This recipe came from a lovely (and cheap) little book titled ‘200 Light slow cooker recipes‘. I can only apologise for the shoddy photography lately; I mean, it has never been great but time seems to escape me at the moment and I quickly grab a snap before serving dinner. I also really need some plates that aren’t red.
After my adventures in sourdough post last week (which has now been updated with starter feeding and maintenance tips), it is time to share a sourdough recipe. I’ve chosen my every day loaf of bread to share first, light rye spelt sourdough, a recipe from Yoke Mardewi’s ‘Wild Sourdough‘ (I love how primordial it sounds, what a great title for a book). I really must branch out though, there are at least 20 loaf recipes in Yoke Mardewi’s books that I want to try and don’t get me started on the non-loaf recipes in the books.
I’m going to give two recipes, firstly, Yoke’s complete recipe as she is the master and then my butchered, quick, version.
I’m a tea girl about 99% of the time but when I need a pick me up or a treat, it is often a coffee that I need. I am a coffee snob though, I say this knowing very little about coffee but it can’t be instant. My favourite coffee ever comes from the Micro Roastery in Canterbury, followed very closely but Love Walk Cafe, Camberwell. Whilst Micro Roastery sell their coffee ground or whole bean and I often buy a bag when I am passing, I don’t pass all that much. I’d seen Pact coffee on my radar via Facebook and friends, when my running app sent me a voucher for a £1 bag for my good work (awesome right?!) I jumped at the chance. I was pretty impressed with the coffee I received (Planalto) and their attention to detail, definitely a treat worth indulging in.
I can’t remember via whom (I wish I could!) but last week I stumbled on Apples Under My Bed blog, and instantly fell in love with the idea of coffee infused honey, especially to use on porridge. I made almond milk banana porridge and topped it with pumpkin seeds and coffee infused honey, completely inspired by Heidi’s recipe.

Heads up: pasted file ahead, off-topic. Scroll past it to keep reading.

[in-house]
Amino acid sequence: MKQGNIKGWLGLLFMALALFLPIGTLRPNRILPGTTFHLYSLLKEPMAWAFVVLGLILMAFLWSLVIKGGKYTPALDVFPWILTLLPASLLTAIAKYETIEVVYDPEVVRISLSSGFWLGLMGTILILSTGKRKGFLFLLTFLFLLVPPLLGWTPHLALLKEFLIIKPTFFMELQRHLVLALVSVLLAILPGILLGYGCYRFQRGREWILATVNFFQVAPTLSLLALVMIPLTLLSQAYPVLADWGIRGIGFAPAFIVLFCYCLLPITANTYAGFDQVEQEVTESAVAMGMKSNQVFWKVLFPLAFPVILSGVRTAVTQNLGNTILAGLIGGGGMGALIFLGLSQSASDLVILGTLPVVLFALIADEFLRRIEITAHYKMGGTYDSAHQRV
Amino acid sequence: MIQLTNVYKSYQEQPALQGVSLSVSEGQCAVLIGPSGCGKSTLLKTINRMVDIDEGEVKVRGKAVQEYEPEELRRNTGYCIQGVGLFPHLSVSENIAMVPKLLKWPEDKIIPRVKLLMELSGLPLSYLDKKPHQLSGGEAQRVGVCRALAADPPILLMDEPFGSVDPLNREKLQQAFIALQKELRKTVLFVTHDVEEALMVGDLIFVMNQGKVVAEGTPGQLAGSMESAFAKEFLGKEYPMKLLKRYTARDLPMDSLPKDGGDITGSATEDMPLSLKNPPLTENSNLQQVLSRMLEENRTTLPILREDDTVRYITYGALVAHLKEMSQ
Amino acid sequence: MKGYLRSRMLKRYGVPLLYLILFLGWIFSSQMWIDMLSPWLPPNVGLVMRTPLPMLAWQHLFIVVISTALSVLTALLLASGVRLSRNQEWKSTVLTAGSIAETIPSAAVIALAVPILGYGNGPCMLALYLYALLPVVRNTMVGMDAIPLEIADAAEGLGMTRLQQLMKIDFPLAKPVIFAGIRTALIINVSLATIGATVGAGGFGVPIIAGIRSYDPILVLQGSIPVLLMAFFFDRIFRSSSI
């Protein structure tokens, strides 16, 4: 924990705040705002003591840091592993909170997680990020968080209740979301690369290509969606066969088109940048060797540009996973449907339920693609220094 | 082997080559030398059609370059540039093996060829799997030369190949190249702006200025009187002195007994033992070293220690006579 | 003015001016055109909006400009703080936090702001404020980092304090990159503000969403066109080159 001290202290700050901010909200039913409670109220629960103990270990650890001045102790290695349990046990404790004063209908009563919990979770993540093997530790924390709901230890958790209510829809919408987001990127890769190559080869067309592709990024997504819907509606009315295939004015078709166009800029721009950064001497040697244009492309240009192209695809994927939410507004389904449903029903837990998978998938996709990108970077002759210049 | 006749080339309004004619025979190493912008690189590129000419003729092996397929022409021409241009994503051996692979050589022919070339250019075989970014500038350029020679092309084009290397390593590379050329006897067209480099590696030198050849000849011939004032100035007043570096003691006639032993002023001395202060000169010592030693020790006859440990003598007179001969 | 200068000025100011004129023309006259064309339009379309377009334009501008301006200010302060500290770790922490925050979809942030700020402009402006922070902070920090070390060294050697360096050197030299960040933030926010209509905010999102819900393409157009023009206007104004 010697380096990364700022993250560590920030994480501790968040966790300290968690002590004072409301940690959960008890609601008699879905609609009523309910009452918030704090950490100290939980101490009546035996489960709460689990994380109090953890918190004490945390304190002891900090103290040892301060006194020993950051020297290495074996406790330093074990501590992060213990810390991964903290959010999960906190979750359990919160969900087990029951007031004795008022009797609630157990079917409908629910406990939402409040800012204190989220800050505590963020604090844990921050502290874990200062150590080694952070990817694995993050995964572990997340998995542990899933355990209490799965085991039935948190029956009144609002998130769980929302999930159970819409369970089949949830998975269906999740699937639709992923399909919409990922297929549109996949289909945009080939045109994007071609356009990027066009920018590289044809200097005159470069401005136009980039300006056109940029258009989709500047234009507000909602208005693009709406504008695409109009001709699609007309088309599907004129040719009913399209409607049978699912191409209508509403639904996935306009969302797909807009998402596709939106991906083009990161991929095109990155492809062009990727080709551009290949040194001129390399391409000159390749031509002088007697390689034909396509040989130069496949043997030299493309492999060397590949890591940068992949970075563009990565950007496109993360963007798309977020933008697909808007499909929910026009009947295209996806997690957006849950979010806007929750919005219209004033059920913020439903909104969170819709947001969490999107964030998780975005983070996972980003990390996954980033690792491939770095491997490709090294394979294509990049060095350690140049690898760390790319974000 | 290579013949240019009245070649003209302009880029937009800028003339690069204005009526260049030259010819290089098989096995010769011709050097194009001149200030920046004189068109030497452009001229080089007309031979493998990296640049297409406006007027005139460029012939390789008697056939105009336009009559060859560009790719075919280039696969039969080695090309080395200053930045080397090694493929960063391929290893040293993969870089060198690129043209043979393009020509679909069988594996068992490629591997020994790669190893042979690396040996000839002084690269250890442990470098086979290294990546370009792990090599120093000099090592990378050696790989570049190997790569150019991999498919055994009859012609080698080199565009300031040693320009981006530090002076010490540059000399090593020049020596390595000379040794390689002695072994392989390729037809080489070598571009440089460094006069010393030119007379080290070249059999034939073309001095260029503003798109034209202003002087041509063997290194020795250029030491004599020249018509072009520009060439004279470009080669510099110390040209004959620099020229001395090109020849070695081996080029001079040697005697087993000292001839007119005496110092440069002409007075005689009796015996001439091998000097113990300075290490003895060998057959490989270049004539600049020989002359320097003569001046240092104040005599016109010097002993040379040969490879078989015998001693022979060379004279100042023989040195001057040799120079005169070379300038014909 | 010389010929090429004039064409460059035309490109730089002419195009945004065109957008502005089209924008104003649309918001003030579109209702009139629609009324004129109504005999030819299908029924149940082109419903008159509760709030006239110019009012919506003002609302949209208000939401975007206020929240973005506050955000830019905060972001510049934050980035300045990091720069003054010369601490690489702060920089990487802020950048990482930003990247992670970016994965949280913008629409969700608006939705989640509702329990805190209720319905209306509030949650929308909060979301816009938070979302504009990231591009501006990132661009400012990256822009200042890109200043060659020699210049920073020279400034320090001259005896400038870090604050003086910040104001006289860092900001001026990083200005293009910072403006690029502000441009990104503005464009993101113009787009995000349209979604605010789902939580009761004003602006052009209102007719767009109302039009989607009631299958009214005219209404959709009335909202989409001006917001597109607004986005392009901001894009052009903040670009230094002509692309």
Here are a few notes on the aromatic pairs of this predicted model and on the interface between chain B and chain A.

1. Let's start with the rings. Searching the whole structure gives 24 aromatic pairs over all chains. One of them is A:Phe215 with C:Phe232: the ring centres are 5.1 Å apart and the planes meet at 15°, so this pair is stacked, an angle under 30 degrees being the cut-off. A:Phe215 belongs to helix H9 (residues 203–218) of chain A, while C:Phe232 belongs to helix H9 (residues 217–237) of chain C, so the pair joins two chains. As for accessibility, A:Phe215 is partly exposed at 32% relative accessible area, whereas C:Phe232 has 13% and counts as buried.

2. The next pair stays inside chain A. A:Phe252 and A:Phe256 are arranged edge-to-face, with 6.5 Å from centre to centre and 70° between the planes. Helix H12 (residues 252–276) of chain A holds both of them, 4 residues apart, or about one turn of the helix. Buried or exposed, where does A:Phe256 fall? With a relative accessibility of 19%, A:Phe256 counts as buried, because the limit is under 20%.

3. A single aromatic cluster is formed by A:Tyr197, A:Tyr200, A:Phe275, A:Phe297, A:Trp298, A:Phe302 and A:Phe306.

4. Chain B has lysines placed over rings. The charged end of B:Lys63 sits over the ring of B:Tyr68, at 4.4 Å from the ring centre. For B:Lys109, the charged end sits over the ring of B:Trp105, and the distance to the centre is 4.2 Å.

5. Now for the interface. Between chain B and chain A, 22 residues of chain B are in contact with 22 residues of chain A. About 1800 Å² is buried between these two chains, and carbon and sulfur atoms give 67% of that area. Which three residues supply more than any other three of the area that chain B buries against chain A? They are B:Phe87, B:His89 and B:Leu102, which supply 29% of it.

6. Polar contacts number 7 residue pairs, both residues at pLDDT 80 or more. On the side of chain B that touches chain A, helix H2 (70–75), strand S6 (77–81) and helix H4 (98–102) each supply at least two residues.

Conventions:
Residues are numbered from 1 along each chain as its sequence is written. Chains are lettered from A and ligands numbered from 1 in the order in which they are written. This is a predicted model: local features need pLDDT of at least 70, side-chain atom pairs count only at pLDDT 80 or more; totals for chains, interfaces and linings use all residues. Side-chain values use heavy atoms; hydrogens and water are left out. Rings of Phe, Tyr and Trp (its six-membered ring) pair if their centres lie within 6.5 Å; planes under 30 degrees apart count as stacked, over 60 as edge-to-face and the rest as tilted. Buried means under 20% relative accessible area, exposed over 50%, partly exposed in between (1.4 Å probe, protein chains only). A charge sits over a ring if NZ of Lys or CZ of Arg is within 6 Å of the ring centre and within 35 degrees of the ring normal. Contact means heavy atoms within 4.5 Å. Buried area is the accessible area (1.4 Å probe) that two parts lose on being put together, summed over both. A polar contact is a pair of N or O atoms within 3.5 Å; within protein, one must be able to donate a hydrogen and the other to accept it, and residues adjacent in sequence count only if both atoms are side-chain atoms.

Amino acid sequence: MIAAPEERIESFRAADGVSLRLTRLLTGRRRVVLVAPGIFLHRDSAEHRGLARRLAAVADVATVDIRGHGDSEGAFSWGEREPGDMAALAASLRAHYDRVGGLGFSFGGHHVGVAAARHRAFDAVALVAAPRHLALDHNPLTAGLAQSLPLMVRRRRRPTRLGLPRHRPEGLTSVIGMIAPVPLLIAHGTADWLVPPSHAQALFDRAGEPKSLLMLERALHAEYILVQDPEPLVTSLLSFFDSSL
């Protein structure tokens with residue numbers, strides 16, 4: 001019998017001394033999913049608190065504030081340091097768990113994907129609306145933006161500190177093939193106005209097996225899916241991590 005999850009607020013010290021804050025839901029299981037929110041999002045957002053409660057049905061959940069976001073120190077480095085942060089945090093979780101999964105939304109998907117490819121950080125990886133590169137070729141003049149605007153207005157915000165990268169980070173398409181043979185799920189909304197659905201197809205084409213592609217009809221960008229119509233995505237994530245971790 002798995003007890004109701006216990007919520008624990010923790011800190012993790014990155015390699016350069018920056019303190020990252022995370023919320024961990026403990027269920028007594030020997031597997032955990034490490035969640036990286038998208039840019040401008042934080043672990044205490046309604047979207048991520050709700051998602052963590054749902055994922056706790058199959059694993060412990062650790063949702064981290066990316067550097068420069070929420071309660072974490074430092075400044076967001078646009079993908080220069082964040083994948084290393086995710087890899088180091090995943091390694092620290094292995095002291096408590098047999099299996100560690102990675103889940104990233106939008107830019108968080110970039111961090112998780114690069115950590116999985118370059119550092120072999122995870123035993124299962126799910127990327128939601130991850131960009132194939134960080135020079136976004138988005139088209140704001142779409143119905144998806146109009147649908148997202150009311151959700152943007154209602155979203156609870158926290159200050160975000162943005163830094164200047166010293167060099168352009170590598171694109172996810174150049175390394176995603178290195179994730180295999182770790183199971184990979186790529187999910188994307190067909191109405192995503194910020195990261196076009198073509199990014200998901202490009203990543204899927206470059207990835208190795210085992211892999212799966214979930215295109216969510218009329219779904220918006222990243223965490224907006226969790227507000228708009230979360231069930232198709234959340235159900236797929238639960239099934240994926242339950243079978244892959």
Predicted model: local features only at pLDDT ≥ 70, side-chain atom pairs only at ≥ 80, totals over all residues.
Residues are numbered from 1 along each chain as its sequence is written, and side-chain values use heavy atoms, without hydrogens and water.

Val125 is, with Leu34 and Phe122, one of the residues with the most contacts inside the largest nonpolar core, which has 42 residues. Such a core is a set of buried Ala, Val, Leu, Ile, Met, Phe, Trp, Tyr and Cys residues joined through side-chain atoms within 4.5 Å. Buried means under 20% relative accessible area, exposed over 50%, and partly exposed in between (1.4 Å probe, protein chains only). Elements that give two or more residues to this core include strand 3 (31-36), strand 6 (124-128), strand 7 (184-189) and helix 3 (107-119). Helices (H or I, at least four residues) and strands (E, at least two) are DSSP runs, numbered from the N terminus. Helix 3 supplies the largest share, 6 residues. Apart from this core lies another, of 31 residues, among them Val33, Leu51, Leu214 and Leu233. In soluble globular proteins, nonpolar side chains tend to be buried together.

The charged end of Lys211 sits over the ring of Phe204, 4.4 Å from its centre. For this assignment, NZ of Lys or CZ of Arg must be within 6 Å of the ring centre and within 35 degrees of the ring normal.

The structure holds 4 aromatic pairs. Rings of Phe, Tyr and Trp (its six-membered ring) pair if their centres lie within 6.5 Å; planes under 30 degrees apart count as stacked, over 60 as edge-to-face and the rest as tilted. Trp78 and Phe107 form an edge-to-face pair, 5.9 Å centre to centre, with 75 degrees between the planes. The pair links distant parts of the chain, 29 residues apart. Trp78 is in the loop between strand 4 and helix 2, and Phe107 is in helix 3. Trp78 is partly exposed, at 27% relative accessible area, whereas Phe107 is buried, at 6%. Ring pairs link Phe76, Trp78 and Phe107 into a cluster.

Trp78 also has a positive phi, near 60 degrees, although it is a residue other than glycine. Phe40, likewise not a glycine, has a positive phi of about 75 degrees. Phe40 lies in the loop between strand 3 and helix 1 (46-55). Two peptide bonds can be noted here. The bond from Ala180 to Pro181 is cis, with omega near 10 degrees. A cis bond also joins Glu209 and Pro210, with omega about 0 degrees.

What I like about sourdough is the deep rich flavour, the texture and the process leading to some of the gluten already being broken down. If people are slightly gluten intolerant, sourdough can be a great alternative. When it comes to sourdough, I have two bibles, both written by Yoke Mardewi (somewhat of a sourdough oracle): Wild Sourdough and Sourdough: From Pastries to Gluten-Free Wholegrain Breads. These books, particularly the latter, offer a load of information about the types of wheat and other grains available, and the benefits of sourdough. You can make sourdough with completely gluten free flours, I opt for flours with a lower gluten content, like rye and spelt because those are the flavours I like the most. Yoke’s books contain an enormous number of different recipes using a sourdough starter as the rising agent, from loaves, to croissants, pancakes, Christmas cake and crumpets to name a few.
I am by no means an expert but having sourdough in my life is a joy (and I promise that I’ll share the crumpets recipe soon) and I thought I’d share my adventures in sourdough with you and how to begin the process by making a sourdough starter. Continue reading